Ganjifa holds the trump card

In fact, one of the popular dishes around Deepavali was a bowl of fruits that were handcrafted and doused with rosewater and honey. Occasionally doused with balai (clotted cream), the fruit bowl was one of Jahangir and later Shah Jahan’s favourite too, especially during a game of cards and gambling — a tradition that was added by the emperor himself. The inspiration behind, as per folklore, came from a set of Ganjifa cards that were presented to the emperor by his Deccan Governor. Over the years, as the Mughal Empire flourished so did Deepavali both in stature and extravaganza. Shah Jahan, who succeeded Jahangir, shared his love for the festival and added the Akash Diya as part of the celebration. Known for his love for food and festivals, it was during his reign that Deepavali celebrations shifted from Agra to his new fort in Shahjahanabad called the Red Fort. Built on a grand scale, the Rang Mahal was designed to give the festival its finest showcase — and remained the venue till 1857 when Bahadur Shah Zafar hosted what would be the last Jashn-e-Chiraghan celebration. But by then, the celebration of Deepavali would have transformed from the simple Braj tradition of puja, diyas and sweets to one of the most extraordinary celebrations of Indian culture and food.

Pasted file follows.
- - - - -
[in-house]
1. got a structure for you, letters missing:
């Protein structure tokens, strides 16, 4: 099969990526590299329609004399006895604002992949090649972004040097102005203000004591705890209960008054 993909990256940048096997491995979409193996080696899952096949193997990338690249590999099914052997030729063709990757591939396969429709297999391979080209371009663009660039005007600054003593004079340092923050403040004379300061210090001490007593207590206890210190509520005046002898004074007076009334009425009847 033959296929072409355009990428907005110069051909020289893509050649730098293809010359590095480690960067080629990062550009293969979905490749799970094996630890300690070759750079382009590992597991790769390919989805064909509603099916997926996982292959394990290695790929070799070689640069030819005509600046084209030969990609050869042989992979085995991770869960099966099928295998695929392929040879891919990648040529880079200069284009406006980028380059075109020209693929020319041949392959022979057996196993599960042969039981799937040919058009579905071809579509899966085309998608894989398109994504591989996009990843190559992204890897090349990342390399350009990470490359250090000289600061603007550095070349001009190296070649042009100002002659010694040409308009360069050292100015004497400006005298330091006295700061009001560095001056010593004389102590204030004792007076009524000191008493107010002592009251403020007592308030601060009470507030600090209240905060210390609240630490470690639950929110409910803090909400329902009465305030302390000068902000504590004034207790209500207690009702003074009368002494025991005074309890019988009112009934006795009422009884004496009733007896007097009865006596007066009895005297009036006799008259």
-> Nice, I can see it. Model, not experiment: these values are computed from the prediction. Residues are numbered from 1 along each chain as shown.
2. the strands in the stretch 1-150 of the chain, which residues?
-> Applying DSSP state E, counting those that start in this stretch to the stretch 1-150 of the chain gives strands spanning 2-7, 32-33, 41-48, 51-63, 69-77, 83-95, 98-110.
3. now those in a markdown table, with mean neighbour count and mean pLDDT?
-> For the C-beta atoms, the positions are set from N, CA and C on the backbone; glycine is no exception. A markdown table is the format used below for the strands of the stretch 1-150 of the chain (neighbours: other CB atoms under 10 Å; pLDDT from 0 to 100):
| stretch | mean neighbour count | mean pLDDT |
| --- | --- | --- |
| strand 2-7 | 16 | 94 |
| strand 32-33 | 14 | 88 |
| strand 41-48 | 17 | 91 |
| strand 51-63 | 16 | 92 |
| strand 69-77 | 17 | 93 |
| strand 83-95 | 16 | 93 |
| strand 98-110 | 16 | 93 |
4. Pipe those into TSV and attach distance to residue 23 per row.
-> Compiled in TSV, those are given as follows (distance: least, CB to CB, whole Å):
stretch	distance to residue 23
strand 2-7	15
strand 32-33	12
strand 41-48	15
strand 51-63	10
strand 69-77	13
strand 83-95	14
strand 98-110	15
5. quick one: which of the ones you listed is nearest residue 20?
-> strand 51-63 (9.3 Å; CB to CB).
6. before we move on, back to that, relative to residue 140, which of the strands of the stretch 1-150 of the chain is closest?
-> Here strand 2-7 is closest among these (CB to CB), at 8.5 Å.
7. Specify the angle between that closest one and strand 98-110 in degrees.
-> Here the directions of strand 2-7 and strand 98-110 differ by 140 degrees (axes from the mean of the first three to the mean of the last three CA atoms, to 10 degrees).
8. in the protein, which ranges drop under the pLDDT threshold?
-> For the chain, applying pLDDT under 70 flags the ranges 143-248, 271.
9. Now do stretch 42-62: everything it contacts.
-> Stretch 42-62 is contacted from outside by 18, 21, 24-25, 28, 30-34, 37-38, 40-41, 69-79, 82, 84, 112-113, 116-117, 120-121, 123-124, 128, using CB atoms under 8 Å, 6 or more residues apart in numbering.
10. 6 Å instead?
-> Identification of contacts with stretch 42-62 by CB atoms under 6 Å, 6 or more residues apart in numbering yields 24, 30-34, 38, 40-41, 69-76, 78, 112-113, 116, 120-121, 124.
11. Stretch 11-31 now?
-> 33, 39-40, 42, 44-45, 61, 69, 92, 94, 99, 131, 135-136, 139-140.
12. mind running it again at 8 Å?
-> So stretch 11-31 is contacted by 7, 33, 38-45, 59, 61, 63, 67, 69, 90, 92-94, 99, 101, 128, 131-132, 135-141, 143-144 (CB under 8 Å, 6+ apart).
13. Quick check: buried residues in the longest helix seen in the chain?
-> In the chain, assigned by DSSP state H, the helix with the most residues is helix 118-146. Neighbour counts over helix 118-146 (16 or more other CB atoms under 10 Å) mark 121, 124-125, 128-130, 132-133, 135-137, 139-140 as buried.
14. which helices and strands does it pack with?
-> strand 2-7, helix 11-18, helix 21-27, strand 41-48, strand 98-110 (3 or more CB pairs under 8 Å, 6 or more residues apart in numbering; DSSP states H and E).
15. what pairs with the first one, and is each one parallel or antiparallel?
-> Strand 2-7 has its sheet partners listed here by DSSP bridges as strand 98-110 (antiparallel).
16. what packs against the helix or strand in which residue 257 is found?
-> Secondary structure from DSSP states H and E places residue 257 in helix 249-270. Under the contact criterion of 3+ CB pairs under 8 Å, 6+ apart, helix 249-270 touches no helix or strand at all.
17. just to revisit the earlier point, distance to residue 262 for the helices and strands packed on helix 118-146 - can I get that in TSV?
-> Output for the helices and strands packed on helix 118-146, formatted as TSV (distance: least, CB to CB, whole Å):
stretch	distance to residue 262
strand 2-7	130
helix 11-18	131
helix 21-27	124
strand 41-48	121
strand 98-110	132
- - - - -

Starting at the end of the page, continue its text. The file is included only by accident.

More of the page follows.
Get a round-up of the day's top stories in your inbox

Check out all newsletters

Get a round-up of the day's top stories in your inbox